As we are all confronted with the same virus and fighting against it, in different ways, what is it that we are actually fighting for? Is it to prevent death on a mass scale? No, this virus is not that deadly. Do we just want to keep people healthy from a new disease, while there are many other diseases plaguing us? No. It might not be that deadly, but this one is not only new, it is different. It is spreading super fast and it is nasty. Very nasty. And while not that many die, the numbers are still inordinately high. Those who need medical care are suddenly many more, putting pressure on health systems. Without containment, those systems can crack and break, sending waves of disruption and breakdown through the whole of society, not to mention the multiplying death-effect this would have. This is the kind of scenario that would bring populations in rebellion against leaders who failed them, whether democratic or not – more so than the protests we see against mere economic disruption. In the end, life still counts for more than money. Thus, what we are fighting for comes down to keeping our societies stable. No individual can thrive within an unstable society. Not only does this fight require all individuals to collaborate, it is also in each individual’s own interest that this battle is won. our current reality is that no country’s health system was prepared for the potential numbers that COVID could generate in a short space of time. The bottom-line for any political leadership is then to put measures in place that can keep the numbers down, so the system can cope. This must come before any economic considerations. Even though there is an interdependency between health and economy, health is more fundamental. The historic evidence is that if you do not make health your priority, the economy that you think you want to preserve, will do worse than otherwise.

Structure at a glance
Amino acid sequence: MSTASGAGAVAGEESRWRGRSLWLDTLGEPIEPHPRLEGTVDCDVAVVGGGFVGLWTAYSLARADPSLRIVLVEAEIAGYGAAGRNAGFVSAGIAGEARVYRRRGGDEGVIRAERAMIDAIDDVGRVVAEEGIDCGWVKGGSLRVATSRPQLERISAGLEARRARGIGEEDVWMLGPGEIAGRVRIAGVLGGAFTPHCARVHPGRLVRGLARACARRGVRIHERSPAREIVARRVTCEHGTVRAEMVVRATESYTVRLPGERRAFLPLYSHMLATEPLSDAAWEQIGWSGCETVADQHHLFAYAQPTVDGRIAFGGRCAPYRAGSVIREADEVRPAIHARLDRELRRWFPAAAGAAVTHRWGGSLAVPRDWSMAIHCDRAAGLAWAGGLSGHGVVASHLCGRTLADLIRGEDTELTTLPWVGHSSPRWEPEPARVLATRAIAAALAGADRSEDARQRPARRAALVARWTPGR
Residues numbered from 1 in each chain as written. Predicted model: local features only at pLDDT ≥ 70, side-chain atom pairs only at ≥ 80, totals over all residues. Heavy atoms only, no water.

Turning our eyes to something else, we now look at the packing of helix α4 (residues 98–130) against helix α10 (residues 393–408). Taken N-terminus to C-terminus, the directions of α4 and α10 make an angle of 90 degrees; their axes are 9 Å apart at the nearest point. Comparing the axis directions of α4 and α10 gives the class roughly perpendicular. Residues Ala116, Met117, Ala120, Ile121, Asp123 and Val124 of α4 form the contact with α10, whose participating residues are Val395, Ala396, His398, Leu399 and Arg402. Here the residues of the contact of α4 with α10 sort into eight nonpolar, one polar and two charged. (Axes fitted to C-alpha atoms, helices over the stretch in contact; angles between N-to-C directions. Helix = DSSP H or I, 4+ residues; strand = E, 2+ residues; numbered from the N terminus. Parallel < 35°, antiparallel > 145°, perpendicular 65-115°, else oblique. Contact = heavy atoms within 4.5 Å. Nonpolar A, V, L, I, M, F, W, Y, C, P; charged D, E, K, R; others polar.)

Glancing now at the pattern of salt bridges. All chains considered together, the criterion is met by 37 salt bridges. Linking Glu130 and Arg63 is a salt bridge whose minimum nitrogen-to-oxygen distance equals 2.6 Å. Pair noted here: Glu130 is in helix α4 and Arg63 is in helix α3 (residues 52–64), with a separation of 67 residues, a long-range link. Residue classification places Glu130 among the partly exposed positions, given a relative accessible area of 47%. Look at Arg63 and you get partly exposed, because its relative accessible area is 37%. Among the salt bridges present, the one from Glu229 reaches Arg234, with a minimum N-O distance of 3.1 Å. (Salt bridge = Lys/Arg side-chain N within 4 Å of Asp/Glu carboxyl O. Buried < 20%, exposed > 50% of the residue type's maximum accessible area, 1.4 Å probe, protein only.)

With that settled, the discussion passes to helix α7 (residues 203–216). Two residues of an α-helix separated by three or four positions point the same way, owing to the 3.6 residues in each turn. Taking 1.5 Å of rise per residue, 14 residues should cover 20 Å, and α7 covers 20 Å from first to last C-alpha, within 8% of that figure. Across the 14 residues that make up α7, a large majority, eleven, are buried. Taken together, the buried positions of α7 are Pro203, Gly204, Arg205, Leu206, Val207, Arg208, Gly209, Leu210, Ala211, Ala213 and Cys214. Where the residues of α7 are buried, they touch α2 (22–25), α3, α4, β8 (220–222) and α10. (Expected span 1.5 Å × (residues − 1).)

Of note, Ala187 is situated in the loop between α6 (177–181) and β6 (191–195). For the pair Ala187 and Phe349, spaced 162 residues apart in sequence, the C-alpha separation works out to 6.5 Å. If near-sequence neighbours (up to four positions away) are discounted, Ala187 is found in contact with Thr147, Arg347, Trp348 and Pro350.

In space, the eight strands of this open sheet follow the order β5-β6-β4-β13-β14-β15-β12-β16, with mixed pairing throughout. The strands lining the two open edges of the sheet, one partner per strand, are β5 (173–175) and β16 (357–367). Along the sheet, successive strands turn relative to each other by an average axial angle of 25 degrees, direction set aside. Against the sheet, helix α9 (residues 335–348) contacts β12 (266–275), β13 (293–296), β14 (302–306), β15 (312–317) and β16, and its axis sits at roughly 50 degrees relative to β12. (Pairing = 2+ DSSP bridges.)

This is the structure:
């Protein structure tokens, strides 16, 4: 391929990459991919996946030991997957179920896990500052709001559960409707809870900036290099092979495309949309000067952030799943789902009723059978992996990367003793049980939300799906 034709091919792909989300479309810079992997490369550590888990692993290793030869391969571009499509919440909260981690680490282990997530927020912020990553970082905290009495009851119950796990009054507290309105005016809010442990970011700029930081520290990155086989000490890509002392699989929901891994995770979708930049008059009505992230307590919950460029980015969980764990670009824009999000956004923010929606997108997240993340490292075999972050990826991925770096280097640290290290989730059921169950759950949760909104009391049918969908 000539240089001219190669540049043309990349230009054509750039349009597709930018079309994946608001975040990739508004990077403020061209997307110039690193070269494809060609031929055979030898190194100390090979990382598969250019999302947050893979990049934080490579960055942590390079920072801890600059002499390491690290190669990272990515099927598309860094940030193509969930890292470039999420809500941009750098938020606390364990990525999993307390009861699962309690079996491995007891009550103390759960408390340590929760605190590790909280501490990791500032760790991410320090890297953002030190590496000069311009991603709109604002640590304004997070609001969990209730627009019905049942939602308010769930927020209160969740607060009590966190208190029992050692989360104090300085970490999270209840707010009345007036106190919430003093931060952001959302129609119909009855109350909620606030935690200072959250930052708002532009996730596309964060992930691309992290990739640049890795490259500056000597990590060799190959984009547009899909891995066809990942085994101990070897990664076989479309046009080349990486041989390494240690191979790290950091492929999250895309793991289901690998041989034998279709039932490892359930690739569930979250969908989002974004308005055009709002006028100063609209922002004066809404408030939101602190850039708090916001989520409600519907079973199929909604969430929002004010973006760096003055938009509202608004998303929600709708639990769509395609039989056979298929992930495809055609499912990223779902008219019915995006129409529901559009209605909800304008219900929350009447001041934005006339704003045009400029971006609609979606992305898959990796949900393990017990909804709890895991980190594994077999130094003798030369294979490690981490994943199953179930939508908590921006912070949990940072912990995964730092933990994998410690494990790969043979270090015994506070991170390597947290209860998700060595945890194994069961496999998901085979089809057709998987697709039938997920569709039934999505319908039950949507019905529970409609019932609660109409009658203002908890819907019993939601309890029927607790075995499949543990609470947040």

But again, different countries’ leaders took different steps to limit the overall amount of infections, even though what is basically needed is rather universal and simple: each individual just need to behave in such a way that you don’t receive or transmit the virus. Easily done? Well – and here is the tricky point – it depends on the culture. If you have a culture of social inhibition, people not being physical with each other much, being more cordial in their relationships and disciplined on the whole, a few extra measures of contact limitation will not be too difficult to achieve. If, on top of that, you have a more homogeneous demographic, most people will sooner understand and handle the situation in a similar way. This would be a country where hard rules won’t be necessary as the chances of having recalcitrants that endanger everyone else’s lives would be much less It would also be easier in this unitary environment to launch contact tracing and isolation mechanisms more effectively. So, South Korea is not France, for instance. Let’s look at France: France is not as multicultural as the States, or Brazil, but is not as homogeneous as South Korea by far. It is also a typical Western country where there is more individual dynamism than the dense social cohesion that is typically found in the East. The application of the basic measures to contain the spread of the virus will not come so naturally for the French as for the South Koreans. But the containment is nevertheless needed. Its government therefore needs to be more strict. It cannot trust the culture on the same level as it can be trusted in South Korea (and conversely, government is not as trusted in France as it is in Korea). One can still argue whether the French government is going too far with some of its measures, but you cannot argue that the French should have done it like the South Koreans did.